The Unsung Heroes of Casting: Cori-Anne Greenhouse

Welcome to the first of a new series of articles on Backstage wherein we profile and interview some of the amazing people behind the casting directors: the unsung heroes of casting.

Cori-Anne Greenhouse was born and raised in Hilo, Hawaii, on the east side of the big island. She went to Colorado State for college and majored in fashion merchandising.

“When you’re from a small town on a rock in the middle of the ocean, you’re isolated, and the idea of being in the entertainment industry… No part of me thought this was even a job, let alone an option,”she says. “And then all of a sudden, it’s your life. And you’re like, ‘Oh my God. Maybe I wasn’t really prepared for this.’ ”

Greenhouse’s career in casting started at the front desk at 200 South. She then became a casting assistant to Jeff Rosenman, then moved on up to Joe Blake’s casting associate, and now Shane Liem.

I love Cori, and so should you. Not only is she one of the people to whom I owe my entire career in casting, she’s also one of the best known and respected commercial casting professionals in Los Angeles.

Below are some of my favorite moments from our talk.

Shaan: What’s the difference between commercial and theatrical casting?
Cori-Anne: With theatrical, you get to really see somebody’s chops. It’s one of the reasons I really love watching movies and television a lot—because I get to see a different side of the actors that I bring in.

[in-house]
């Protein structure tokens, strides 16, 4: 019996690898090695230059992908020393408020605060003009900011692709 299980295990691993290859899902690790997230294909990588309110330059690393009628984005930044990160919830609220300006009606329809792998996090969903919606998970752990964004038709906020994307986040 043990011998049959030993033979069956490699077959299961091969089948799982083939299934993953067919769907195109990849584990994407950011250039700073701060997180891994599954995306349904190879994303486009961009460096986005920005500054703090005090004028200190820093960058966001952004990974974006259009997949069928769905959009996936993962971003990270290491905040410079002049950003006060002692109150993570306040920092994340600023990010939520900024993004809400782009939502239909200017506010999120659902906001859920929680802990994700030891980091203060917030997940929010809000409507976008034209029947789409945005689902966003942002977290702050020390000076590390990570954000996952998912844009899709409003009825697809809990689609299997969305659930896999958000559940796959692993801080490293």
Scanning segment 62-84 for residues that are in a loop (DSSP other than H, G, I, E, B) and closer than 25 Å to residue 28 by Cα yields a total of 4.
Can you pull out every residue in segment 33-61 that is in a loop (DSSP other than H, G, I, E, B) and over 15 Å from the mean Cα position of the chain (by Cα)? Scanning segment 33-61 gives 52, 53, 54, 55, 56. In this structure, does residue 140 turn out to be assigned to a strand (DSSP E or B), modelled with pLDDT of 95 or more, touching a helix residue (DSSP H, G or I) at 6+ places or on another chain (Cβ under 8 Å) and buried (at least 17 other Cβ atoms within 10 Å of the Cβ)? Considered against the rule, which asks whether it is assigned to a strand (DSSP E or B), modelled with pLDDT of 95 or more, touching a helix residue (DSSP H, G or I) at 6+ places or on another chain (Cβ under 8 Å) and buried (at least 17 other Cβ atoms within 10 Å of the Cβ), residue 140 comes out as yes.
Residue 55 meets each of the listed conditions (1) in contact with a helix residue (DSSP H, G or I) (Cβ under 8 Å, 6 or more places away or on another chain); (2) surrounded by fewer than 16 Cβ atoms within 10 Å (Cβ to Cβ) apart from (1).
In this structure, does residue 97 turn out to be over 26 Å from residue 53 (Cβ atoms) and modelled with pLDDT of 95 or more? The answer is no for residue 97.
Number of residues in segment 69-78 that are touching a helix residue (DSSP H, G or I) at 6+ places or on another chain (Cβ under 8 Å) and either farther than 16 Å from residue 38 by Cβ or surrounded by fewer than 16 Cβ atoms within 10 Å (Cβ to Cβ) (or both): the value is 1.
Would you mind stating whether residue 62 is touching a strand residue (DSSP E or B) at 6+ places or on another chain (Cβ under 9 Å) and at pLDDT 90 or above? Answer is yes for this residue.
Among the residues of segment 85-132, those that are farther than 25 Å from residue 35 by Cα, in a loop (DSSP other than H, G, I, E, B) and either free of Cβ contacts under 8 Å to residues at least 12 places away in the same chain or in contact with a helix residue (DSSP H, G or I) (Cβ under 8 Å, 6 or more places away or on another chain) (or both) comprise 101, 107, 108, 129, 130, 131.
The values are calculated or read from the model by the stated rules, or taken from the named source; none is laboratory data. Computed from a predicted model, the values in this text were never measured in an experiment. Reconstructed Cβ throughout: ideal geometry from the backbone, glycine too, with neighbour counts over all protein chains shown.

We bring in all these actors to do 30 seconds of, like, “Ha, ha, funny. Come buy some cheeseburgers.” But when I see you on “Criminal Minds” and you’re off being a crazy, psycho serial killer, I fucking love that shit because I’m like, “Oh my God, I never saw that coming,”because you’re the guy that sells cheeseburgers.

Shaan: Why don’t commercial CDs run their own auditions?
Cori-Anne: Oh my God, so many reasons. We’re usually in the back prepping other jobs, writing your Taft-Hartleys, booking another job, negotiating with the clients, or taking pitches from agents. There’s a plethora of reasons why we’re not out there. 

The thing that a lot of people don’t realize too, though, is that there’s a TV in my office and I’m still watching you. Just because I’m not in the room physically doesn’t mean I’m not watching what’s going on in the room. 

Shaan: So, what do you look for in a session director?
Cori-Anne: That they’re able to read the treatment and get a sense of whatever the casting director got from the director, and [that they’re] able to translate that and make it happen inside of that room. It’s really an extension of the director himself or of the creative directors, because it’s you doing the work that they envisioned.

Shaan: What kinds of directors do you love to work with?
Cori-Anne: I love directors that keep an open mind to things, that say, “You know what? We really wanted this guy to have long hair and tattoos, but actually the guy with the short hair with the dark circles under his eyes was the better choice. He was a better actor, and that’s the one we should go with.”

Shaan: How would you encourage actors to view the industry?
Cori-Anne: I think not enough people treat this like a community, and that we should be helping each other out. I’m here to get you work. I’m here to make you better at what you do. 
Shaan: The difference between somebody giving up and somebody sticking through it and succeeding could just be a friend who was there for them. 
Cori-Anne: Yep, or just hearing, like, one little thing that changed everything.

Shaan: What do you enjoy about your job?
Cori-Anne: One of the best parts of your job is calling and saying, “I have a booking.” That joy and excitement that the agent has on the other end is awesome. Hearing how, “Oh my God, he needed this so bad. He hasn’t booked in six months,” and you're just like, “I'm glad I was the one that did it.”